It’s the most wonderful place you don’t want to be. We’ve met people there we’ll be friends with for the rest of our lives. It’s our home away from home.
Ken Wood is looking forward to the day he can return to the American Cancer Society’s Minneapolis Hope Lodge community as a volunteer instead of a guest. “I love that place; it’s like therapy in a way,” said Ken. “It’s great to meet other people with cancer, get to know them, and reach out when it looks like somebody needs somebody to talk to. I want to go back and cook meals for them.”
Ken and his wife Kay have been frequent visitors to the Hope Lodge facility this past year while he’s been undergoing chemotherapy, radiation, and surgery for rectal cancer. They live almost 3 hours away from the hospital and found themselves in a financial bind as they struggled to pay the out-of-pocket maximum for their medical insurance. The Hope Lodge program offers cancer patients and their caregivers a free place to stay when their best treatment option is away from home. The facility is just 15 minutes away from the hospital where Ken was treated.
“It’s the most wonderful place you don’t want to be,” said Kay. “We’ve met people there we’ll be friends with for the rest of our lives. It’s our home away from home.”
Ken was 52 years old in February 2018 when he began having symptoms he couldn’t ignore. They included stomach pain, frequent bowel movements, and blood in his stool. He underwent tests including an endoscopy, a colonoscopy, and a CT scan. He was diagnosed with stage 3 rectal cancer. He had a tumor the size of a clementine orange at the end of his rectum, and the cancer had spread to some lymph nodes.
“No one can prepare you to hear that someone you love has cancer,” said Kay. “I walked around in a fog and cried for 2 weeks straight.”
At first, getting care was a series of frustrations and red tape for the Woods. After several delays, Ken finally underwent all-day testing at University of Minnesota Medical Center. But when he returned for his follow-up visit, he learned his colorectal surgeon was not in his medical insurance network. He found a surgeon in his network at Abbott Northwestern Hospital in Minneapolis, but getting his records transferred was complicated. It had been 2 months since Ken’s diagnosis, and he and Kay were worried the cancer might be getting worse.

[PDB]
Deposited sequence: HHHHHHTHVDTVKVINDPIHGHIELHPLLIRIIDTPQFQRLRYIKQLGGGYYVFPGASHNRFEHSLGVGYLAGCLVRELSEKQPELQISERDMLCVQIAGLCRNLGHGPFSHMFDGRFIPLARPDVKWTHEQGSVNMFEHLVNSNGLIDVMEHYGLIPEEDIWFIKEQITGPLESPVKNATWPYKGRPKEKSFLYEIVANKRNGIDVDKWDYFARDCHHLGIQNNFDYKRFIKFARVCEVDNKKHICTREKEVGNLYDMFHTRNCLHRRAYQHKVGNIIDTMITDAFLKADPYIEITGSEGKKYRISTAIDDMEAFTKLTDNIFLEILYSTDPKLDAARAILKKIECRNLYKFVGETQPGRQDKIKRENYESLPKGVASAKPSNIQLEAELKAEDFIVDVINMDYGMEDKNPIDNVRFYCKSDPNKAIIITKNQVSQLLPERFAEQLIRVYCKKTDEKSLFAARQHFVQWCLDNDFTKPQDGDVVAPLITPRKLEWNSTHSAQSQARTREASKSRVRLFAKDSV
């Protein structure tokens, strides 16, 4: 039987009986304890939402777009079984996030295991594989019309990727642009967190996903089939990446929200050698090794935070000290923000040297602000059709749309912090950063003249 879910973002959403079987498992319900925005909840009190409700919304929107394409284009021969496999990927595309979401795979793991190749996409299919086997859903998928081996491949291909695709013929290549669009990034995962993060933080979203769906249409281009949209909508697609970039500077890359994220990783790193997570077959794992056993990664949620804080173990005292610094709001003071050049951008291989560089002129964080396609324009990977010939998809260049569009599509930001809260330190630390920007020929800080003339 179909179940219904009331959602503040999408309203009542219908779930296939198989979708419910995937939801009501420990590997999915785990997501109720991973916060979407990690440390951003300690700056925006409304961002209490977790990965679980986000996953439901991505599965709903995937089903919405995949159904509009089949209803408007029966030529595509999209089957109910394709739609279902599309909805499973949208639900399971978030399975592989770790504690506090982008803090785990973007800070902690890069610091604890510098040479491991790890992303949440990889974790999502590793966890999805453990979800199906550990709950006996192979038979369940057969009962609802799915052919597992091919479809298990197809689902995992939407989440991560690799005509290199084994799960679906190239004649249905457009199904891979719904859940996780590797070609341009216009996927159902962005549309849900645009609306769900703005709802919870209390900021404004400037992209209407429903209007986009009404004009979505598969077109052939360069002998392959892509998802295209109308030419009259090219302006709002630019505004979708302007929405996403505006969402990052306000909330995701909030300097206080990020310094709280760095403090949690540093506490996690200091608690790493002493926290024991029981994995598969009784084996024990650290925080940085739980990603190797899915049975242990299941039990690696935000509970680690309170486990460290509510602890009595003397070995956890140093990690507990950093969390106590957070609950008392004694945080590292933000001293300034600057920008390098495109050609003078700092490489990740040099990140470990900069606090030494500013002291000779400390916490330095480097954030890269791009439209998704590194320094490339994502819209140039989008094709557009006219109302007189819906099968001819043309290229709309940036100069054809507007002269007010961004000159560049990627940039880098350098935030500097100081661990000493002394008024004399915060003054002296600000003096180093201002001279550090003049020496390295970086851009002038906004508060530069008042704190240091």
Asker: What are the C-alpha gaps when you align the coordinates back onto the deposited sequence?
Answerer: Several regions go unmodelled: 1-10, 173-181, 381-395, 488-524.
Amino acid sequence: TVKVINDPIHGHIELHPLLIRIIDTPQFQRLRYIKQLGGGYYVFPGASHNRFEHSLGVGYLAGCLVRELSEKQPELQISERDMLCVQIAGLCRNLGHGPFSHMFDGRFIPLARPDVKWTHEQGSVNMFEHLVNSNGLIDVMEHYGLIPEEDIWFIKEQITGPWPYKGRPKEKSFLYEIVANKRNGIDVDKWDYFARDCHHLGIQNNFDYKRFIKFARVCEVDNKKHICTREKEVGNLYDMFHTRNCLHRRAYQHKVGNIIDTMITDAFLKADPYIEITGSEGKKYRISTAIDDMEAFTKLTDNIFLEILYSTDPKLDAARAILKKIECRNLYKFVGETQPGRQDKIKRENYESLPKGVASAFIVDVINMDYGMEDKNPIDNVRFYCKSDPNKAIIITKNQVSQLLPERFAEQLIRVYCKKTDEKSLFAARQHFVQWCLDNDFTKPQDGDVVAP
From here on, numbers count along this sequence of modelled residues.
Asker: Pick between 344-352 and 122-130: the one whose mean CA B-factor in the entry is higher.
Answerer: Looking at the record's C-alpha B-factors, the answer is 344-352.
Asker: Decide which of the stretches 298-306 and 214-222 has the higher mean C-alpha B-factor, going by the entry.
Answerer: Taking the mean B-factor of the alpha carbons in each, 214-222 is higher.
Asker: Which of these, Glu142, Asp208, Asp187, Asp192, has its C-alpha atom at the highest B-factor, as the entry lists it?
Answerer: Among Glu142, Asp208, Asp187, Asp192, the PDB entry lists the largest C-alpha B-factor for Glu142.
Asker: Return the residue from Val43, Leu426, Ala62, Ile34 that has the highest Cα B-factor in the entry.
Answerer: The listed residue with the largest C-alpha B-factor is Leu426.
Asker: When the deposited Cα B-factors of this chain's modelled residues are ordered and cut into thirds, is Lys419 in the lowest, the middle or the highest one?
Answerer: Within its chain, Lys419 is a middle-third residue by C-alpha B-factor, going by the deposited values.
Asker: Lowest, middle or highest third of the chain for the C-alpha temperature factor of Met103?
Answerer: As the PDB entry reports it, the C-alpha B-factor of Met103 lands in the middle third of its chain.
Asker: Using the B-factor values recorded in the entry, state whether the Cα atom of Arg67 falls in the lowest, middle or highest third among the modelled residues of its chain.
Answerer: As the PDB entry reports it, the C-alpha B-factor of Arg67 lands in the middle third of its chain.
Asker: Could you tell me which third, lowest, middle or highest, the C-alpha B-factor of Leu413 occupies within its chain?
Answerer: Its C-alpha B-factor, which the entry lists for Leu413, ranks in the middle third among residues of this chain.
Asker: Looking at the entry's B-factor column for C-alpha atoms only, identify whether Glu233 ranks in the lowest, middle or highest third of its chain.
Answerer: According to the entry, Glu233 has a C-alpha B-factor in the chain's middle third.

That’s when the hospital’s cancer care coordinator stepped in. Cancer care coordinators are sometimes called navigators and are usually registered nurses who work with patients and their doctors to manage paperwork, schedule appointments, and provide education and support to survivors and caregivers. Kay says the coordinator was crucial in getting Ken’s treatment plan started.
Ken’s treatment plan included 8 cycles of chemotherapy infusions, 28 radiation treatments, and surgery to remove the tumor in his rectum. Ken, a carpenter, worked through much of his treatment. His employer gave him time off when he needed it and even assigned him to work in Minneapolis, near the Hope Lodge facility, when jobs there became available.
Although Ken had medical insurance, he also had a large out-of-pocket maximum to pay. He and Kay worried about how they were going to afford it and asked friends and family to pray for them. Their friends did more than that. They organized a benefit that included a luncheon and silent auction and raised $12,000 to help with Ken’s medical costs. “I was amazed,” said Kay. “We have realized how important our friends are.”
By the time Ken rang the bell at Abbott Northwestern Hospital to mark the completion of his last radiation treatment, during which he also had a chemotherapy pump, his tumor was no longer detectable. At his last follow-up visit, scans were unable to detect any sign of his cancer. He’s now scheduled for surgery to reverse his ileostomy, an opening the doctor made during his cancer surgery to allow waste to pass while his rectum was healing.
Once again, the Woods plan to stay at the Hope Lodge near the hospital.
The American Cancer Society recommends regular colorectal cancer screening for people at average risk starting at age 45. People at higher risk – because of family history or certain health conditions – should talk with their doctor about beginning regular screening at a younger age.
Ken says he was offered screening a couple of years before his symptoms began, but he didn’t have it done. He says he thought he wasn’t at risk because he didn’t have a family history of colorectal cancer. Kay says she wasn’t excited about being screened either, but she did it anyway. She had a colonoscopy, and her doctor found and removed 3 polyps, which can sometimes turn in to cancer.
Ken and Kay now both advise others to get up-to-date on their cancer screenings. “Now I realize the importance of screening,” said Kay.
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